Conditions defied expectations. Commanders were confused. Crews miscalculated the fires speed, direction and fury.
Turn the calendar forward to 2013 and the Yarnell Hill Fire appears to present a deja vu scenario.
The Idaho-based National Wildfire Coordinating Group warns of thunderstorm downbursts that can cause extreme fire behavior and a sudden reversal in wind direction.
Instructions on Entrapment Avoidance caution against entering canyons that may become fire chimneys and advise crew members to establish a fallback clearing with little or no fuel, its radius four times the height of the tallest flames.
Some say the tragedy on Yarnell Hill is no reflection on safety protocols. The fires behavior could not have been anticipated.
But the explanation may include myriad factors.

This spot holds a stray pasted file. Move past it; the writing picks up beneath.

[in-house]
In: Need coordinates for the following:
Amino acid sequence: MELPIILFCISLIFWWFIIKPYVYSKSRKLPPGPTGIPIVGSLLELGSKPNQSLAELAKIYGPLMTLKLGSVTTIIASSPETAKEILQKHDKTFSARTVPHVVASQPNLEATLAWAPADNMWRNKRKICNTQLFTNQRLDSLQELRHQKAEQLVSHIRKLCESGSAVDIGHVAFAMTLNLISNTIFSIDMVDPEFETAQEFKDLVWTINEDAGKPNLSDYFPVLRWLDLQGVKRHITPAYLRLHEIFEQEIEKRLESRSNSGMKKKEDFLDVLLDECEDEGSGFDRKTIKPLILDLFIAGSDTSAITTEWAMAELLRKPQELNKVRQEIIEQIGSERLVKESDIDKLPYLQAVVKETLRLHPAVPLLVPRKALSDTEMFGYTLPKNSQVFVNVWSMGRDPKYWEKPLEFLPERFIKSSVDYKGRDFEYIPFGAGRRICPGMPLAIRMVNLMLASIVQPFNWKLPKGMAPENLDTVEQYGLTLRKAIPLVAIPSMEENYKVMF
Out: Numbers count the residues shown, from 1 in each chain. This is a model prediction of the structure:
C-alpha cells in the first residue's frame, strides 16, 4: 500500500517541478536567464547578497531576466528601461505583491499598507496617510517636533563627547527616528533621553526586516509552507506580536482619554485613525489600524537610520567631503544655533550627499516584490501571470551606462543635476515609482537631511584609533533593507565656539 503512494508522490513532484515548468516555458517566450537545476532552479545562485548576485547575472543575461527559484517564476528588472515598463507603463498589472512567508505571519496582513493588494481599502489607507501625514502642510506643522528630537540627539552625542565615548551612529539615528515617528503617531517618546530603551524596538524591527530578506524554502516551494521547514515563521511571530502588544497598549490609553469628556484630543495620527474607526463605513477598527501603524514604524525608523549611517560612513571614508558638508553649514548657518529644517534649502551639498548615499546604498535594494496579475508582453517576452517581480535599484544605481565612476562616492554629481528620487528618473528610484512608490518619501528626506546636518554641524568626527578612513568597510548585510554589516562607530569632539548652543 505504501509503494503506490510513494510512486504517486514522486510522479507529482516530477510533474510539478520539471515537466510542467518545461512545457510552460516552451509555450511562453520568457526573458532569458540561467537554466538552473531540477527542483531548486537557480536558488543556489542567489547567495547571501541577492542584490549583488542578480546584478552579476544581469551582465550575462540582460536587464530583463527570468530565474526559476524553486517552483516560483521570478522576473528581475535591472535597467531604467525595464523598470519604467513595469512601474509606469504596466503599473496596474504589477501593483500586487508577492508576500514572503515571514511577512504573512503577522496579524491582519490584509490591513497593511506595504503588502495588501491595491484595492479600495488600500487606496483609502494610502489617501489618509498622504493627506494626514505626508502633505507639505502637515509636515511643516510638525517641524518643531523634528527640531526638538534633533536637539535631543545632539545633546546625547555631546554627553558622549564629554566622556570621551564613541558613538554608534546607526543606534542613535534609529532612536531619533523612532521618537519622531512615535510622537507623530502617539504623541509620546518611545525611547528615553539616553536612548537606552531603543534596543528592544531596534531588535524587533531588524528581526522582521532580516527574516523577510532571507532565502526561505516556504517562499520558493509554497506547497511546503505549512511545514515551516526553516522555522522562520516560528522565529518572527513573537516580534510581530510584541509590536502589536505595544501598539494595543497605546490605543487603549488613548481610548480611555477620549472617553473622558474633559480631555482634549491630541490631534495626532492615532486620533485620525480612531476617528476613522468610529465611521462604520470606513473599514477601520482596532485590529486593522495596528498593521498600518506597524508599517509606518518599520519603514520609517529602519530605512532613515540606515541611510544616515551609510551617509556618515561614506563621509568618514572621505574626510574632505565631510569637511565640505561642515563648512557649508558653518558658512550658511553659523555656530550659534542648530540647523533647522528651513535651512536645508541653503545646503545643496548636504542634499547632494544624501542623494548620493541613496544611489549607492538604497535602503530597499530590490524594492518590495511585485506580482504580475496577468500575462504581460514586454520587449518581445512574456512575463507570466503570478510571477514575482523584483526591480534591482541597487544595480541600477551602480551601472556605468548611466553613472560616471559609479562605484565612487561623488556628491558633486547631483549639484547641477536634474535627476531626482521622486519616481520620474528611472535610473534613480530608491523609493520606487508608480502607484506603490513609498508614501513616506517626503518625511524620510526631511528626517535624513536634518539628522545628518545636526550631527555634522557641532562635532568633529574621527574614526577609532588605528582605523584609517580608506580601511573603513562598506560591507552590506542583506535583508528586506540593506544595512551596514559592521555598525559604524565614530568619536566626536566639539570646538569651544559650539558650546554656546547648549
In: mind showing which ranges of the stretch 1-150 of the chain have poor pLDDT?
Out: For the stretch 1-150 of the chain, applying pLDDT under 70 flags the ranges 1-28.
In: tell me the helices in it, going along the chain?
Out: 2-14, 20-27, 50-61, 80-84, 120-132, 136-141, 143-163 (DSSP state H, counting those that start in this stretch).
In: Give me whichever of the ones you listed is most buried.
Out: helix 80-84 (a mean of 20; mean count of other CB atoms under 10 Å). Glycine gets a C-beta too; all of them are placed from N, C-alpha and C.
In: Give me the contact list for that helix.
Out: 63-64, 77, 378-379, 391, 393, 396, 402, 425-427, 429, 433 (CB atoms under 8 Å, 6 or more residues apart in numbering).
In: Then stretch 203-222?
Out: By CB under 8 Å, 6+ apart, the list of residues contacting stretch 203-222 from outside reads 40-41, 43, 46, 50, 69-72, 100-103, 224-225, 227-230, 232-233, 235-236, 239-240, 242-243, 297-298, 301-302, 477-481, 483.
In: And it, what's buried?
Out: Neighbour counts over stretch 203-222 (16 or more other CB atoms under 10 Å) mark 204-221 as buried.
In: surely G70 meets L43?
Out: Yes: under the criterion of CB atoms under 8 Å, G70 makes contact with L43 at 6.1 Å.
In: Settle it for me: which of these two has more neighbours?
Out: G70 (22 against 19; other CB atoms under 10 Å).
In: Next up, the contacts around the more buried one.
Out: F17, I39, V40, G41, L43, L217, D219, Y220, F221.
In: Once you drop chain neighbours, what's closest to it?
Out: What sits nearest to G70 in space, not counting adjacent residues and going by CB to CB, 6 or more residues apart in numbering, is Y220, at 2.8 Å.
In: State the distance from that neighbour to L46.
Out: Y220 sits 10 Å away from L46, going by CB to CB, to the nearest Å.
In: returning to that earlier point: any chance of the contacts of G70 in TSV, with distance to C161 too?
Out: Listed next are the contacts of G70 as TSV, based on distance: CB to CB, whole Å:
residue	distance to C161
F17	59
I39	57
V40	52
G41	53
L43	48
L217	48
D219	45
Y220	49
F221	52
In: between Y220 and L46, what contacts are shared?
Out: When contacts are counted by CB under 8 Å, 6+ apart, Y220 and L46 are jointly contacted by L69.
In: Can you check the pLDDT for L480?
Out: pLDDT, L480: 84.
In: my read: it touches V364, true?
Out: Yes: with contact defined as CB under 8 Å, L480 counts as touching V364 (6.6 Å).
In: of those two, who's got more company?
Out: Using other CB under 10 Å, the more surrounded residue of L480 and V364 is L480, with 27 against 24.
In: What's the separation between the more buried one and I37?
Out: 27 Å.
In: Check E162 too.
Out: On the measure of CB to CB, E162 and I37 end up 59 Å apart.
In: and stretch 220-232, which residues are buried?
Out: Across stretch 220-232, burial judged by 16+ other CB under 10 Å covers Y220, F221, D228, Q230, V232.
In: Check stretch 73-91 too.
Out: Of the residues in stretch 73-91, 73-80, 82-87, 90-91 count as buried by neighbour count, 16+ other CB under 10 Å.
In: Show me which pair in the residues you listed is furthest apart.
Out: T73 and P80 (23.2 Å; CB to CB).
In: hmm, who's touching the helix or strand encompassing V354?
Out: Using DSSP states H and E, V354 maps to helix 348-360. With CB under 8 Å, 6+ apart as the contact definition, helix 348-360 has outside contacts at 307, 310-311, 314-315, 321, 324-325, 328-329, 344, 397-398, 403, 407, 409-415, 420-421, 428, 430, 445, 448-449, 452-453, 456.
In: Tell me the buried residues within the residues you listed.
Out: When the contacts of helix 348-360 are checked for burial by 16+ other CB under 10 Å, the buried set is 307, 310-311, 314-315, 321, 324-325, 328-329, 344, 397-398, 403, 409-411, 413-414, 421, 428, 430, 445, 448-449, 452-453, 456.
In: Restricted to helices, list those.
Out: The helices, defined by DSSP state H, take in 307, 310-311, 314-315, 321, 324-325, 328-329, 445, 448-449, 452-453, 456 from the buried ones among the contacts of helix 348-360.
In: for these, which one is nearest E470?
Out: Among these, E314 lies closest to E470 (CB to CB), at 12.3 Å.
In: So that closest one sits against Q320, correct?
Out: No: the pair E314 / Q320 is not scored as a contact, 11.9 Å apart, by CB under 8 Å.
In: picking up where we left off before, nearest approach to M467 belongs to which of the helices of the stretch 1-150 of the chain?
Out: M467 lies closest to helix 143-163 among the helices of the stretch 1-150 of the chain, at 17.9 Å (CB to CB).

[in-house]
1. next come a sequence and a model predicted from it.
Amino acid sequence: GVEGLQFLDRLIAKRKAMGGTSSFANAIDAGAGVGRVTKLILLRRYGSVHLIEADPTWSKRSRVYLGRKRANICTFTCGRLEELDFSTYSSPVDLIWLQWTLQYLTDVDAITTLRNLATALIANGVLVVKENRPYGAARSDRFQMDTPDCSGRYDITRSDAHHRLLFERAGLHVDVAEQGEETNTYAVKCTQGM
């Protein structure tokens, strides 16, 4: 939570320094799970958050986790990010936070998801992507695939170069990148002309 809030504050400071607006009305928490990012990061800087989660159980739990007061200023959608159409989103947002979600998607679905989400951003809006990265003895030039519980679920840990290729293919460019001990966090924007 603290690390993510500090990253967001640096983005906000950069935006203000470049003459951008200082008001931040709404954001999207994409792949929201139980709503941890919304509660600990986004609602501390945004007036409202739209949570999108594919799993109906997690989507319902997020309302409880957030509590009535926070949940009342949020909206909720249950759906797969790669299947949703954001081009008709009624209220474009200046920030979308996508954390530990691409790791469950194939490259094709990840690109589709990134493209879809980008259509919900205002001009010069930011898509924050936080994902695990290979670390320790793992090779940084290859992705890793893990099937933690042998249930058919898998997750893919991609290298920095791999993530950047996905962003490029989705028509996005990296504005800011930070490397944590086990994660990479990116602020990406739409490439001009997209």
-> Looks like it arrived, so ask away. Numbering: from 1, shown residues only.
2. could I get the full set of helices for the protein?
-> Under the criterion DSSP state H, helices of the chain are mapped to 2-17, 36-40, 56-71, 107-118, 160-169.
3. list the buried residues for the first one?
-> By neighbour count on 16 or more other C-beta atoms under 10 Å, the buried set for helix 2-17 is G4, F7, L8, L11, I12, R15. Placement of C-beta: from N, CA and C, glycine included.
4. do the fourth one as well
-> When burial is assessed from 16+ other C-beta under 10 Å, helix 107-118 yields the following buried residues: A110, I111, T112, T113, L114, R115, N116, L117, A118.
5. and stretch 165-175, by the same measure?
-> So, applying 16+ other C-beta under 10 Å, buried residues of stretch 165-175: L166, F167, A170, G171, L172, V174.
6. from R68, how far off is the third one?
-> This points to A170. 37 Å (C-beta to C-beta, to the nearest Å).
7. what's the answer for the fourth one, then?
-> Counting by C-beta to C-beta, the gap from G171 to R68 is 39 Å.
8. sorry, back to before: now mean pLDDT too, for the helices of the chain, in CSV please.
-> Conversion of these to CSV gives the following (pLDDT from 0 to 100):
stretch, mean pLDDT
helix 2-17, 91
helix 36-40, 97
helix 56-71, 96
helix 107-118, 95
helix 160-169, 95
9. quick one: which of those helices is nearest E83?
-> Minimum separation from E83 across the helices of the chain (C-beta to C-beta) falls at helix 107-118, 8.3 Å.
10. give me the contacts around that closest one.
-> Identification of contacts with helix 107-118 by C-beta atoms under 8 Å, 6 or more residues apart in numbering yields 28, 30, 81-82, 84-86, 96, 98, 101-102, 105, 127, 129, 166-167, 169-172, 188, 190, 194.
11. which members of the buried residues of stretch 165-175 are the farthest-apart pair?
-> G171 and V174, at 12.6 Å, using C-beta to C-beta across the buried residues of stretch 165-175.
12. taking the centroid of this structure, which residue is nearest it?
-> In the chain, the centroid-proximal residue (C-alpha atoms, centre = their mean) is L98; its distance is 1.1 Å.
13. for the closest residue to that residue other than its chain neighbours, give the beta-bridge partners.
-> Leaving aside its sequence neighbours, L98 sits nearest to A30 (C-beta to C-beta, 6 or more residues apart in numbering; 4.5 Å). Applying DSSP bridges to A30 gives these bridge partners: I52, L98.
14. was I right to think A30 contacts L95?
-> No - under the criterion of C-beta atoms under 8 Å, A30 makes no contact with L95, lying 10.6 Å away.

Peter Morrison, executive director of the Pacific Biodiversity Institute, which already has published a report on the fire, said conditions screamed danger.
The behavior of that fire was very predictable, he added. You can call it an act of God, but it was a predictable act of God.
Morrison and others said incident commanders, analysts and hotshots are supposed to recognize the potential for a firestorm and prepare for the worst.
Still, he eschewed the notion of laying blame because responsibility for 19 deaths runs much deeper than what transpired during a horrifying few minutes, or even a few days.
He said Americans build homes in the outback, fail to clear surrounding brush, then insist that firefighters risk their lives to save them.
I think its really important not to blame incident commanders in this situation because they are under tremendous societal and political pressure to do something, Morrison said.
Theres this attitude that we can stop nature dead in its tracks, but we cant. These are immense, nasty fires. … We need to learn to stand down.